BeReal sends a notification at a random time to all of its users worldwide. After this notification is sent out, individuals have two minutes to photograph what they are doing using the back camera of their phones. At the same time, the app takes a picture using the individuals’ front camera and posts the two photos overlaid on one another. The app also notes whether a user posted their BeReal on time — so everyone can see who is “lying” to them regarding the time they took the BeReal. There are no photo filters available, and the amount of times the photos are retaken is shared.
The focus of BeReal, intuitively, is to “be real.” It offers candid looks into random moments in the lives of each user — because both cameras are used, and the app’s notifications go off at the same time for everyone within the same time zone. This realistic insight into people’s lives allowed BeReal to quickly grow in popularity, especially among university students.
Who’s Using the App
BeReal is being rapidly adopted by younger people. Nearly 40% of Americans in the 18 to 24 age range have used BeReal, and an additional 24% in this demographic are interested in the app. While statistics aren’t available for ages under 18 yet, anecdotal evidence shows high schoolers and middle schoolers (age range of 12–17) are quickly catching on and using the app as well.
How is BeReal Making Money?
Well, it’s not.
BeReal is fully funded by various VC firms. While it has a valuation of over $600 million, backed by a rapidly growing user base, it has generated zero revenue and is currently operating at a loss. In recent years, VC firms have given many startups that are not profitable the much-needed cushion to focus on building a user base before making money — in fact, huge names like Lyft, Uber, and AirBnb are still not profitable.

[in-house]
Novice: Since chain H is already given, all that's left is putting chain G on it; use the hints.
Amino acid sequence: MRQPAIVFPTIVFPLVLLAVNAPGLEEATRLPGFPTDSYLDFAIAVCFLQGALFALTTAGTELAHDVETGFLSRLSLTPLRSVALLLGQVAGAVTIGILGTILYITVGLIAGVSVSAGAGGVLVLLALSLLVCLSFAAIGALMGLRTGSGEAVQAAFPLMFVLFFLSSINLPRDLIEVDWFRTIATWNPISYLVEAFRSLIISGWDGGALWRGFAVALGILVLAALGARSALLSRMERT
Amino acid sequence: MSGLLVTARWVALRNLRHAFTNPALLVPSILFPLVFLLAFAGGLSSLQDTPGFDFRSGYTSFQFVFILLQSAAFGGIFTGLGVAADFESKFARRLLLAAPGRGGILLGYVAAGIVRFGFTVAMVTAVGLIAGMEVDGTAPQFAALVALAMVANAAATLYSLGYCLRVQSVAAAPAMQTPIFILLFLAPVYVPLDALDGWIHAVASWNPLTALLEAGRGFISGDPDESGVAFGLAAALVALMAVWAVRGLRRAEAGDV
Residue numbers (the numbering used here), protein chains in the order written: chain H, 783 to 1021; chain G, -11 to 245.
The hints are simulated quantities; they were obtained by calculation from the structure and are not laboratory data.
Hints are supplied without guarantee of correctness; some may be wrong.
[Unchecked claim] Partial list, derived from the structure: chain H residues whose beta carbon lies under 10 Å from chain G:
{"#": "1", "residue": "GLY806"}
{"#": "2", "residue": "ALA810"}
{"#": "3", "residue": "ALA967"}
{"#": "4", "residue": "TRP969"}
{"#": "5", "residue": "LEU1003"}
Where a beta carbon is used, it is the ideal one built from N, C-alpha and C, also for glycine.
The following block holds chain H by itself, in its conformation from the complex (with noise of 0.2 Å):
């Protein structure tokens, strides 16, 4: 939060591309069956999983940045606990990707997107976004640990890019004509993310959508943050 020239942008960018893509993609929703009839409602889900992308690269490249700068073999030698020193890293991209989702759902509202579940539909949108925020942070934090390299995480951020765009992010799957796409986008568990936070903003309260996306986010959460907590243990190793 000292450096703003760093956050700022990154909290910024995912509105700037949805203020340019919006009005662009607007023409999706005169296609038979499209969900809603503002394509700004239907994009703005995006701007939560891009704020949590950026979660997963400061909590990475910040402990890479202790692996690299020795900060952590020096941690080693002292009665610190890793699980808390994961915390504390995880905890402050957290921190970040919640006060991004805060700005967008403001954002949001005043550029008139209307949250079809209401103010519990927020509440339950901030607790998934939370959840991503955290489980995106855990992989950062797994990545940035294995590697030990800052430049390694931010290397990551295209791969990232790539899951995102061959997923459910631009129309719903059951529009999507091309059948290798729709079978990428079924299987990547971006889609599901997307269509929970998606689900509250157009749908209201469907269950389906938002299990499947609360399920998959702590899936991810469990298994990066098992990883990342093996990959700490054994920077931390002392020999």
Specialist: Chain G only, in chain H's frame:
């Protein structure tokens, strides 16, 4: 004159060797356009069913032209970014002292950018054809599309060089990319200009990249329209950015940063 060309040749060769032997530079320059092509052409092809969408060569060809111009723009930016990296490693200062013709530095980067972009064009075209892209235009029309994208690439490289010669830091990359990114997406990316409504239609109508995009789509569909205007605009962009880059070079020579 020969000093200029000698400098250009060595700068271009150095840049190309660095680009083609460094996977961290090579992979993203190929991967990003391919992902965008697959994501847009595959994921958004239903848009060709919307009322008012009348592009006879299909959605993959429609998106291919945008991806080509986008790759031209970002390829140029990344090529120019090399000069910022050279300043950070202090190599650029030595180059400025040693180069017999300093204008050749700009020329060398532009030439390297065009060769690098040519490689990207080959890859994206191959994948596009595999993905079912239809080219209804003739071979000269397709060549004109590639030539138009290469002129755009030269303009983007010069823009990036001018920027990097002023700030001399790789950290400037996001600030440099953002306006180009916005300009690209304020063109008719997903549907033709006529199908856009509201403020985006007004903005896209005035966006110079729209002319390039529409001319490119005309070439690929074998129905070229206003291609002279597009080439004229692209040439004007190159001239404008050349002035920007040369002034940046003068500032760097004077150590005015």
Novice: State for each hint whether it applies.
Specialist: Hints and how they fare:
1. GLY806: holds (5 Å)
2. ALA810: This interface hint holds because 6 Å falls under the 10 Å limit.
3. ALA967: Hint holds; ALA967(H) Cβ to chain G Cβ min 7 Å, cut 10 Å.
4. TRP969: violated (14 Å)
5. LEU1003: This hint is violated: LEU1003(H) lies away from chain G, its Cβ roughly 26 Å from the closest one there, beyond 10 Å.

However, these big-name companies are all on track to become profitable in the near future, and despite not generating profits, still generate revenue — BeReal hasn’t done either yet. Its lack of a profit engine is a pressing issue, as one of the reasons for the downfall of Vine was its inability to generate revenue. Vine lacked monetization and advertising options, which social media apps typically make revenue with. As BeReal has not announced any plans to monetize its product, it will likely not be making a profit anytime soon.
Potential Revenue Generation
Incorporating advertising into the BeReal feed and other empty spaces on its interface is likely the option the app will go forward with in order to become profitable. Additionally, the discover feed may slowly become a space that BeReal lets businesses market on — under the guise of “being real.”
Targeting a more financially stable user base that spends more freely on premium features can pay dividends as well. The app’s primary user base of college students may not be as large a source of revenue compared to middle-aged spenders.
BeReal seems to have already started focusing on this middle-aged market — Saturday Night Live recently premiered a short on BeReal, where actor Miles Teller uses the app during a bank heist. Nearly 47% of adults between the ages of 30 and 44 watch SNL, and this was likely a sponsored marketing push toward a more diverse user base than simply young people and students.
Competition & Copying
Copying has always been an issue in business — and it’s particularly egregious in the social media sector, as social media features typically lack intellectual property protections such as patents. After TikTok’s user base rose rapidly, Instagram and YouTube both released new features: Instagram Reels and YouTube Shorts. Both are video components of their respective apps and blatantly copy core features of TikTok. Instagram has also copied Snapchat’s features before, including the incredibly popular stories feature. These examples all point toward the ability of established companies to easily incorporate features from new competitors into their apps.